It hain’t no use to grumble and complane;
It’s jest as cheap and easy to rejoice. —
When God sorts out the weather and sends rain,
W’y rain’s my choice.

Men ginerly, to all intents —
Although they’re apt to grumble some —
Puts most theyr trust in Providence,
And takes things as they come —
That is, the commonality
Of men that’s lived as long as me
Has watched the world enugh to learn
They’re not the boss of this concern.

With some, of course, it’s different —
I’ve saw young men that knowed it all,
And didn’t like the way things went
On this terrestchul ball; —
But all the same, the rain, some way,
Rained jest as hard on picnic day;
Er, when they railly wanted it,
It mayby wouldn’t rain a bit!

In this existunce, dry and wet
Will overtake the best of men —
Some little skift o’ clouds’ll shet
The sun off now and then. —
And mayby, whilse you’re wundern who
You’ve fool-like lent your umbrell’ to,
And want it — out’ll pop the sun,
And you’ll be glad you hain’t got none!

It aggervates the farmers, too —
They’s too much wet, er too much sun,
Er work, er waitin’ round to do
Before the plowin’ ‘s done:
And mayby, like as not, the wheat,
Jest as it’s lookin’ hard to beat,
Will ketch the storm — and jest about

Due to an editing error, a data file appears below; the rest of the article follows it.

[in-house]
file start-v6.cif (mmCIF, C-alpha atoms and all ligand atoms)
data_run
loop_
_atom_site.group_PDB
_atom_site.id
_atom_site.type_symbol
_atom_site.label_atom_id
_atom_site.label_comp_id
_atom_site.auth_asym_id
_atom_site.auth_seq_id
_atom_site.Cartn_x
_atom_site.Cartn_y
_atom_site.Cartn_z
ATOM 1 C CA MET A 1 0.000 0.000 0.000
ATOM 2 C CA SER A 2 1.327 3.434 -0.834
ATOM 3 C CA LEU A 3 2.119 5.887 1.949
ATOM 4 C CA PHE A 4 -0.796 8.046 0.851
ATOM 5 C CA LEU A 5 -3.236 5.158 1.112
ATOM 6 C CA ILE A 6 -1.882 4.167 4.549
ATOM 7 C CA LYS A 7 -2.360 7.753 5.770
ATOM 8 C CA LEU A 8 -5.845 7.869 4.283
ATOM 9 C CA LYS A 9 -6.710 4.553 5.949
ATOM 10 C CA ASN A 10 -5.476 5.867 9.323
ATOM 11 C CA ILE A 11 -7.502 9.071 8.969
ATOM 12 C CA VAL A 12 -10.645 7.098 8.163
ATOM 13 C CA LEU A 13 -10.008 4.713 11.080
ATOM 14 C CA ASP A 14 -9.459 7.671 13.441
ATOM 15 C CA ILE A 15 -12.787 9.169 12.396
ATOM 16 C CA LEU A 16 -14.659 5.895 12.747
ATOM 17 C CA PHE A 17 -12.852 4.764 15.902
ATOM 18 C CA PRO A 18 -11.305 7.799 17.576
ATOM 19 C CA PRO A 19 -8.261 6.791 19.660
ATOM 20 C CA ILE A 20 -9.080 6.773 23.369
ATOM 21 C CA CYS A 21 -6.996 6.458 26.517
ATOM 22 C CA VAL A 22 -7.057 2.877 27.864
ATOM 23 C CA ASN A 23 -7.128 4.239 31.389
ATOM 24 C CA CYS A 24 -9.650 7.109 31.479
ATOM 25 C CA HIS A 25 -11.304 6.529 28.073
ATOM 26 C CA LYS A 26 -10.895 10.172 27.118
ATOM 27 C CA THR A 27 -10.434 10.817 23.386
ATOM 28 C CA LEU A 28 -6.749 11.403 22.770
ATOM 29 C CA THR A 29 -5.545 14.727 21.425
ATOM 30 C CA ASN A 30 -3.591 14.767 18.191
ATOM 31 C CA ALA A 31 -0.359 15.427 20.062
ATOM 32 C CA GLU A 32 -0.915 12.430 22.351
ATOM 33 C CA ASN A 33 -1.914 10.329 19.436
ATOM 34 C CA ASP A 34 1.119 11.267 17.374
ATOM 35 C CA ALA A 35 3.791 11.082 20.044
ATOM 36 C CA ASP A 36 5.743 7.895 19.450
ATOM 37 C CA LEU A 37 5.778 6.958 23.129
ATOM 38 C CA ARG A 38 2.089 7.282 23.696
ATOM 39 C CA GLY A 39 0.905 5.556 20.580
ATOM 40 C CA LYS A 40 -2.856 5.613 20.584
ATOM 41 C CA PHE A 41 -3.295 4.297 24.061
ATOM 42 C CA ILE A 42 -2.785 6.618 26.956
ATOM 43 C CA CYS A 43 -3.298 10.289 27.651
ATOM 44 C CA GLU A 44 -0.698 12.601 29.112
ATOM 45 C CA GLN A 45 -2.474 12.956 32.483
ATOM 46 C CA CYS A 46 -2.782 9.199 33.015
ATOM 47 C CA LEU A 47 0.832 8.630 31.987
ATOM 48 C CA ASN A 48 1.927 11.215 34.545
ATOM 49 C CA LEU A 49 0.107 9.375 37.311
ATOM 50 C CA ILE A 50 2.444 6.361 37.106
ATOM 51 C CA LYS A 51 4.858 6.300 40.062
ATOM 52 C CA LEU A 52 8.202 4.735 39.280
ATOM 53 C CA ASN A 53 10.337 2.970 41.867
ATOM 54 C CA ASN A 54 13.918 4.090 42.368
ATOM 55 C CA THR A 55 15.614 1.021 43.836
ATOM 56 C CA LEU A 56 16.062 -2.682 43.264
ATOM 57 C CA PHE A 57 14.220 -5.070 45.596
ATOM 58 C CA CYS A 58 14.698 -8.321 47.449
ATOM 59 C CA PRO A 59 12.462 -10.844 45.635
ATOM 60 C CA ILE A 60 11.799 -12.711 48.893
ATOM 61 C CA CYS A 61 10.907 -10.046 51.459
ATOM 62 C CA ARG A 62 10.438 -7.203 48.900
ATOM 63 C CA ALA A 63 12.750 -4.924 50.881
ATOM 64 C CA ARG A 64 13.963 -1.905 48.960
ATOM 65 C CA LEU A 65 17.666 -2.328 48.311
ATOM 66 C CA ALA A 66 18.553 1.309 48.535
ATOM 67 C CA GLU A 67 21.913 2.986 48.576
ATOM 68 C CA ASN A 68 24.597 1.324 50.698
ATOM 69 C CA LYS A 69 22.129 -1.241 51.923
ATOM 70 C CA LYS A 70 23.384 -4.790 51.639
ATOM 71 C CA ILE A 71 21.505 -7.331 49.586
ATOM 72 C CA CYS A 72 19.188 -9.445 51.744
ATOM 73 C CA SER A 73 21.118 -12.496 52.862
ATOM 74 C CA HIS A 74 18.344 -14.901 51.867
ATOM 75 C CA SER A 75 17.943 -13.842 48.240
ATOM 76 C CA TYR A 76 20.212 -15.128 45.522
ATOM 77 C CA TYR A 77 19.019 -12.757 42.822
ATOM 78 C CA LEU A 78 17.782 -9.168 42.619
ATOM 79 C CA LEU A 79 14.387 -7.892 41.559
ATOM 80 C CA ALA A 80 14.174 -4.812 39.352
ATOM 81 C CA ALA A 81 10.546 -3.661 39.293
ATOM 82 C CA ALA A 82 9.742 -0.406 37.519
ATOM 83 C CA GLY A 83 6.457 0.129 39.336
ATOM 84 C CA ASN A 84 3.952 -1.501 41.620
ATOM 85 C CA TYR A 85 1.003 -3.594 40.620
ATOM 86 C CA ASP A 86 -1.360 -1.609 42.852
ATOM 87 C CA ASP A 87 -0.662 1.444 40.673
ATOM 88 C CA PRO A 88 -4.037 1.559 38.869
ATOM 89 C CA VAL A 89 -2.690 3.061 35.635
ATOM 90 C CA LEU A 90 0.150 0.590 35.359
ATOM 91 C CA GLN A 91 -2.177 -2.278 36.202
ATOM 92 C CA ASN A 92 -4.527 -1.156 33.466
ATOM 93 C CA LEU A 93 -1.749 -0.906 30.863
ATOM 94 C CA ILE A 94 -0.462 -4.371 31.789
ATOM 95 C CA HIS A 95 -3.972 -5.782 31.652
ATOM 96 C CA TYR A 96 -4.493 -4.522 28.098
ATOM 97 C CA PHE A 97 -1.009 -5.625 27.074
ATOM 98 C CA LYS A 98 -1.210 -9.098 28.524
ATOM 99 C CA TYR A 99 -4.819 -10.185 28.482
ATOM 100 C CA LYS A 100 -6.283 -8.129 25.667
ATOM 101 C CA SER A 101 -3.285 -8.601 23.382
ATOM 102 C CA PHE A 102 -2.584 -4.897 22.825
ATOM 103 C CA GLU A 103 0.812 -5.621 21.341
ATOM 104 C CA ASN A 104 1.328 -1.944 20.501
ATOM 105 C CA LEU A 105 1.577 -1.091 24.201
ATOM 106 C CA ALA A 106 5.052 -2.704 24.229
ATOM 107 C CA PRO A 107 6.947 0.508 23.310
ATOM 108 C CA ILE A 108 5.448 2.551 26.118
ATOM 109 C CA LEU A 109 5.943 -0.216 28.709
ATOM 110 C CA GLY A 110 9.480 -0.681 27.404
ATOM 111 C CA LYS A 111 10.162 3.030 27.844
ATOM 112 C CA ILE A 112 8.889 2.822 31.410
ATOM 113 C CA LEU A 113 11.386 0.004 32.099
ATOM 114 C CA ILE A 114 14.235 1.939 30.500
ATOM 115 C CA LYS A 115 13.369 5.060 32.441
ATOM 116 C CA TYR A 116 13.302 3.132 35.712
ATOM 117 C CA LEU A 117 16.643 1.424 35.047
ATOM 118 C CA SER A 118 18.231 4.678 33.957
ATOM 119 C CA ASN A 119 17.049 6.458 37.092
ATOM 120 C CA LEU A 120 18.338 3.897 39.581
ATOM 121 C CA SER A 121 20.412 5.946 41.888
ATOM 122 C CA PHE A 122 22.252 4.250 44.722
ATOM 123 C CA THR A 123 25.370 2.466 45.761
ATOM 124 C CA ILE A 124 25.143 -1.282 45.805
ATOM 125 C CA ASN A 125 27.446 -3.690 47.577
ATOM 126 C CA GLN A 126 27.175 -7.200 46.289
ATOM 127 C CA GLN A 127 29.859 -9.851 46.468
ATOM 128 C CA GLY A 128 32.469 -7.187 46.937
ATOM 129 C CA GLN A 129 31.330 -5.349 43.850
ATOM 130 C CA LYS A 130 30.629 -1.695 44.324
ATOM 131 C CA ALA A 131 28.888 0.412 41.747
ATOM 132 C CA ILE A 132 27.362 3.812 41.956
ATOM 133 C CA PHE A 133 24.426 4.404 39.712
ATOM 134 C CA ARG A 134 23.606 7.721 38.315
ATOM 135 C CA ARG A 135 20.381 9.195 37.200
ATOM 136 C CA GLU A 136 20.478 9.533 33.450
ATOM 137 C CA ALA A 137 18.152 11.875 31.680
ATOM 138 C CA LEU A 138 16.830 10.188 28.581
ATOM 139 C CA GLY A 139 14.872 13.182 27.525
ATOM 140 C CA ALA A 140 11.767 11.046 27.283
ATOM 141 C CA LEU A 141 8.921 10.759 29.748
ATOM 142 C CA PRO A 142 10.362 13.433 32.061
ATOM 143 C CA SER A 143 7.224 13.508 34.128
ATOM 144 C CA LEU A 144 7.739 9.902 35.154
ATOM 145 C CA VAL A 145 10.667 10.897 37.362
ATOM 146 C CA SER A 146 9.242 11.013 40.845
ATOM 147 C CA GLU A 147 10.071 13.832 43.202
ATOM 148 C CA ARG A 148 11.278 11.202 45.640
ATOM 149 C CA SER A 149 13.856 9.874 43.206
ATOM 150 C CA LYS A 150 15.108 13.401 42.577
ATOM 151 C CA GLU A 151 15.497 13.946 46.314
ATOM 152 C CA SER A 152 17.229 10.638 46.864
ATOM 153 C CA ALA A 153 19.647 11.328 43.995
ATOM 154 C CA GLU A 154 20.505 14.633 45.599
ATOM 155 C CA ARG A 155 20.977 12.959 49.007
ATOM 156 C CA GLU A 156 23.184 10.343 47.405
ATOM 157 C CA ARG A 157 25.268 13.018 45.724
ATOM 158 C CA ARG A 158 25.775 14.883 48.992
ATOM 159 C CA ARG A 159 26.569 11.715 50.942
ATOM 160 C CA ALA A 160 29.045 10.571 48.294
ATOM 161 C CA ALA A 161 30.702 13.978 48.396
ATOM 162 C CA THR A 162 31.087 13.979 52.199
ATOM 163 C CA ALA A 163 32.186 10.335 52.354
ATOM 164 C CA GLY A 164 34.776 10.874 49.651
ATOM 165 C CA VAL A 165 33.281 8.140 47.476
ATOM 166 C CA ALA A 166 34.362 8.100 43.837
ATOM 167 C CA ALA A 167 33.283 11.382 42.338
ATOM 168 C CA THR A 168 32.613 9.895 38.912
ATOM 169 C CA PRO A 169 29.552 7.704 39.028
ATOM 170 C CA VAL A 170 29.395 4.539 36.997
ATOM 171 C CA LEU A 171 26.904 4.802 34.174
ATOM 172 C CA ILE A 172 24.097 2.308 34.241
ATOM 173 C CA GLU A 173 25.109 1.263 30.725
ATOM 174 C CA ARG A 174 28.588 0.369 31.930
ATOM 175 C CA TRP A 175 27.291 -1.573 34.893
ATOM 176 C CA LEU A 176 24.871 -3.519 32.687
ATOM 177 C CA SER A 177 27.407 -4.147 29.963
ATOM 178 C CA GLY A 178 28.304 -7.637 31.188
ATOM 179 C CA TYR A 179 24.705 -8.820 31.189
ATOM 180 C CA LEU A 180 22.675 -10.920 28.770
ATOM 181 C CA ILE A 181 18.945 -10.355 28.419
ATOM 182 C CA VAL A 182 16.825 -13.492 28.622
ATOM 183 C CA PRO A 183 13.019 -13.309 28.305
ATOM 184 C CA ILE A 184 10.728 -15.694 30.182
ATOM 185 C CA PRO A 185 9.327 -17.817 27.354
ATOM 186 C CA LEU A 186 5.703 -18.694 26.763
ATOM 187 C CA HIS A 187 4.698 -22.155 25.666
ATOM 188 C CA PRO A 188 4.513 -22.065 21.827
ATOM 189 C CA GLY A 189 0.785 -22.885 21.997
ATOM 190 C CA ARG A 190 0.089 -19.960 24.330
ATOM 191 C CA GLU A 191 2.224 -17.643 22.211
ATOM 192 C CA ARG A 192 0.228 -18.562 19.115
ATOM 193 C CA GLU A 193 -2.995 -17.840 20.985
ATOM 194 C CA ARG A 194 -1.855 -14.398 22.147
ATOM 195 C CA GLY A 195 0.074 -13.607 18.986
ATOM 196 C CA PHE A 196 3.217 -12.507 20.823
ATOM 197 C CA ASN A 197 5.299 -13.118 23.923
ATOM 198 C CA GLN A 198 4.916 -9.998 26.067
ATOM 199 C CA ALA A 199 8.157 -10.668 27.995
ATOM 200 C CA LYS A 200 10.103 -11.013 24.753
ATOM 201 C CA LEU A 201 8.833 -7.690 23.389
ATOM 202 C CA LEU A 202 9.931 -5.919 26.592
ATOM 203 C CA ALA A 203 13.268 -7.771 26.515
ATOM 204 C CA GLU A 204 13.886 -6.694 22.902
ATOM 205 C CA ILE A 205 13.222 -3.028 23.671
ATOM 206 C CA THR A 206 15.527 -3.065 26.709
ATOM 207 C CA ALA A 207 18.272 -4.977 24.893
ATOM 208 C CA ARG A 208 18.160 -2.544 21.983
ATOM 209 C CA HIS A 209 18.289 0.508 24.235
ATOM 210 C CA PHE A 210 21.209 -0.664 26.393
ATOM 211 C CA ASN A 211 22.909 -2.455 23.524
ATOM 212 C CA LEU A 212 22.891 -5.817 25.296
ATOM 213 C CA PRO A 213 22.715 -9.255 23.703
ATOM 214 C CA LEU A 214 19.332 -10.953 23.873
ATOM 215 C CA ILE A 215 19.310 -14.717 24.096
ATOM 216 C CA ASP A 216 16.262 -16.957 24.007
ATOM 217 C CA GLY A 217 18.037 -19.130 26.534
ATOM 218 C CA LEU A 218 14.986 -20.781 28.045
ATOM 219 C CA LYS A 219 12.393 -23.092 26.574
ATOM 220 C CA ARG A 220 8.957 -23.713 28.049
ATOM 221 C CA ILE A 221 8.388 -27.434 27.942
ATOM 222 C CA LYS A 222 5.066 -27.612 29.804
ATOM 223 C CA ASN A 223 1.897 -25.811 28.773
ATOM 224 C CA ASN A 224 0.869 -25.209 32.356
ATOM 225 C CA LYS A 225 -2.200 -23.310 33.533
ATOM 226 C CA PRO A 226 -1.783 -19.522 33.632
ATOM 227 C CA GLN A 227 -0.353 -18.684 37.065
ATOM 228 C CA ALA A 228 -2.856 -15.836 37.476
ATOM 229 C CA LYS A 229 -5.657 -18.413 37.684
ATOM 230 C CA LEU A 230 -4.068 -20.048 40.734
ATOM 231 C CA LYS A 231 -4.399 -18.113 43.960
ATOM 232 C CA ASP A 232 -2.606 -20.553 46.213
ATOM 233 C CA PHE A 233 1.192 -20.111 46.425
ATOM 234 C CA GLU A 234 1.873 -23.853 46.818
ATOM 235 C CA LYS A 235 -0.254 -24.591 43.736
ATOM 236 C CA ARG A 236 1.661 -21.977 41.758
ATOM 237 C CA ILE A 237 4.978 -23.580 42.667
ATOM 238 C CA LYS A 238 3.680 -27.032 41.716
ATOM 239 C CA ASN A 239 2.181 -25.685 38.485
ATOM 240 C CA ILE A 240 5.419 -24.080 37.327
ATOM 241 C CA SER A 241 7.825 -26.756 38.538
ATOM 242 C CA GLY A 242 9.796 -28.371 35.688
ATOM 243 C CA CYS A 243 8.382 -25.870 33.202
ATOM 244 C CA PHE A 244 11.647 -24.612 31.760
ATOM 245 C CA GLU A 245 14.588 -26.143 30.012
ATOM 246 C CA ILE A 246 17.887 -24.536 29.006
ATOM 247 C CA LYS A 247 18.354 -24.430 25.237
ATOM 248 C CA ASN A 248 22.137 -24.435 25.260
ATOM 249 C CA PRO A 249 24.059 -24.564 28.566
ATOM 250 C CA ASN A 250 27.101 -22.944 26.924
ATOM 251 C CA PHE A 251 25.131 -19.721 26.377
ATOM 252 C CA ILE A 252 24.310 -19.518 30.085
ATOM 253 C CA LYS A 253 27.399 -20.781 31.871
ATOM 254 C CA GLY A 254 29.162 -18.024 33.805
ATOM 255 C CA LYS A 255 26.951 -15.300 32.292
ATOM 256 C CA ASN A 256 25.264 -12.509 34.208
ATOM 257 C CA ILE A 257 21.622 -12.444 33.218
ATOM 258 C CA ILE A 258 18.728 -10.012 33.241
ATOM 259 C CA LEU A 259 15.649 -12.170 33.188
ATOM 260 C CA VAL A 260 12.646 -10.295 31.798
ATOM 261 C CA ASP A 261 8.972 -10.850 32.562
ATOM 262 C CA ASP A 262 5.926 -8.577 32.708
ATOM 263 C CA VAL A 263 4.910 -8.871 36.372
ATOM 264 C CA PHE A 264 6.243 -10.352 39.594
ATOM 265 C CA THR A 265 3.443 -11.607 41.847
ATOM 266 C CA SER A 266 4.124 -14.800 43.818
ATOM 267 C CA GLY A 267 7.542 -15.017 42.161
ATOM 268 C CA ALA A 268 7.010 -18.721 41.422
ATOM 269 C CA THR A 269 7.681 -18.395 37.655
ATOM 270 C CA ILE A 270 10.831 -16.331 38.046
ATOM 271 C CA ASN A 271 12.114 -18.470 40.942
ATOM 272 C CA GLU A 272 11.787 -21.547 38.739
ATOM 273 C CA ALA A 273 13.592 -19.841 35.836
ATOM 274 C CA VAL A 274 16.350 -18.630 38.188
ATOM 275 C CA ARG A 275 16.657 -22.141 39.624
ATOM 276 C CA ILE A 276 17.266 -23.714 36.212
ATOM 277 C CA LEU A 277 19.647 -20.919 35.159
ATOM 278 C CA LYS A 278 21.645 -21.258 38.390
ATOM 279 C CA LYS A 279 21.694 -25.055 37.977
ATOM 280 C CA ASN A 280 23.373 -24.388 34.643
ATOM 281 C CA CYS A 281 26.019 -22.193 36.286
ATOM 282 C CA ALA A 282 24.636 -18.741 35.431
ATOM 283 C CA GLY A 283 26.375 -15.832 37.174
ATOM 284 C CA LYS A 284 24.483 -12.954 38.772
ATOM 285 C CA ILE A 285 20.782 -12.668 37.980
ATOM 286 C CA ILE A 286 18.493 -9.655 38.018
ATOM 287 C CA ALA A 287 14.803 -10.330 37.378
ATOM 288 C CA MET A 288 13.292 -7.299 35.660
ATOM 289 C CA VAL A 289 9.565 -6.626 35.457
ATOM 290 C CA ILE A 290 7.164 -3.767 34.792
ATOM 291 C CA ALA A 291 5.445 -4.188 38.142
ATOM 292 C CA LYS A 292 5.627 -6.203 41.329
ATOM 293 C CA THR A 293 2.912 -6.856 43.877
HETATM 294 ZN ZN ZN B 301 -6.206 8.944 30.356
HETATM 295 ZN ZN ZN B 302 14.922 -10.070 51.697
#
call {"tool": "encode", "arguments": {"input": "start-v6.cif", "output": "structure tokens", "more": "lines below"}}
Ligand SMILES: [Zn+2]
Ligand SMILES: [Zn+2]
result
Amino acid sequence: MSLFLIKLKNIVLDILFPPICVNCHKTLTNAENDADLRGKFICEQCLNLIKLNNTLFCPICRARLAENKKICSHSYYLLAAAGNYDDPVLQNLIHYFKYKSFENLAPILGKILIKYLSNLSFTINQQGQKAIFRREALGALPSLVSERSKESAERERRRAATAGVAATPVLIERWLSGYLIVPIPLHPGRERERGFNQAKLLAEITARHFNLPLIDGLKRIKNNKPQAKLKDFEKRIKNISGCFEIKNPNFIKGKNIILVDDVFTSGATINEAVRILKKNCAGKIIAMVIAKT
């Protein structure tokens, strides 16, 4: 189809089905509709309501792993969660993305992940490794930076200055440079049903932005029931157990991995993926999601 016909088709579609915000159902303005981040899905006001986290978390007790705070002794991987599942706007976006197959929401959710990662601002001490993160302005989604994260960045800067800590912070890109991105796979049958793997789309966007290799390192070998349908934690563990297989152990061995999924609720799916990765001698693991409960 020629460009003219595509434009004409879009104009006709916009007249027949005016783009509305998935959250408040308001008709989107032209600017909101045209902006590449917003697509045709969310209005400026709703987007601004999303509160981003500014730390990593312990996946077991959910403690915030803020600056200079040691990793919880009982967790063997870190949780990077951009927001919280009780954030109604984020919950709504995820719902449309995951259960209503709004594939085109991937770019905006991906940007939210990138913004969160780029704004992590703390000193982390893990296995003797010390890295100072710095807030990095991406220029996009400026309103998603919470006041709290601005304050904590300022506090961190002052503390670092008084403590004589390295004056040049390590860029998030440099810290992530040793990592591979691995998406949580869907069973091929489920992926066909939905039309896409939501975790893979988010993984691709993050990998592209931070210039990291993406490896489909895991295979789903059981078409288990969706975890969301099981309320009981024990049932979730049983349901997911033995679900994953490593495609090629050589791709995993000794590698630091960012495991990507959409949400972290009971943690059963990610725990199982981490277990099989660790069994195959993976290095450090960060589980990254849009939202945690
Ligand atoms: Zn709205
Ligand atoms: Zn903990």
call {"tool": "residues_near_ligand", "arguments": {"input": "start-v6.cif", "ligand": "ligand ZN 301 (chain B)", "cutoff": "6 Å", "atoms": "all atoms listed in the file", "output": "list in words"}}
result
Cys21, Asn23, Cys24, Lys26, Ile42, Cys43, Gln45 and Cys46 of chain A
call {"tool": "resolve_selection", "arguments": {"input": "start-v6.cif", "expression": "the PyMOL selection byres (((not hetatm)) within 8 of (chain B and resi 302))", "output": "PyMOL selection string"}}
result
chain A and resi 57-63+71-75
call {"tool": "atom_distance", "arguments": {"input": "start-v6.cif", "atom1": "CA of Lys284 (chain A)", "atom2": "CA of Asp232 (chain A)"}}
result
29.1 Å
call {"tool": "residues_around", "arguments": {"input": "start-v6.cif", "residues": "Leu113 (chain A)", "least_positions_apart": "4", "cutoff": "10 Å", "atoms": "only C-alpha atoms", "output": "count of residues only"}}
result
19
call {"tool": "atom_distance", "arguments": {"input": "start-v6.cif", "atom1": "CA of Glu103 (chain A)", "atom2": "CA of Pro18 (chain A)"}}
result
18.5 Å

The time the corn’s a-jintin’ out.

These-here cy-clones a-foolin’ round —
And back’ard crops! — and wind and rain! —
And yit the corn that’s wallerd down
May elbow up again! —
They hain’t no sense, as I can see,
Fer mortuls, sech as us, to be
A-faultin’ Natchur’s wise intents,
And lockin’ horns with Providence!

It hain’t no use to grumble and complane;
It’s jest as cheap and easy to rejoice. —
When God sorts out the weather and sends rain,
W’y, rain’s my choice.

Analysis, meaning and summary of James Whitcomb Riley's poem Wet-weather Talk

1 Comment

  1. James Hughes says:

    In our small elementary school, we learn poetry by practicing a poem each morning until we know it by heart. This poem has become one of our favorites.

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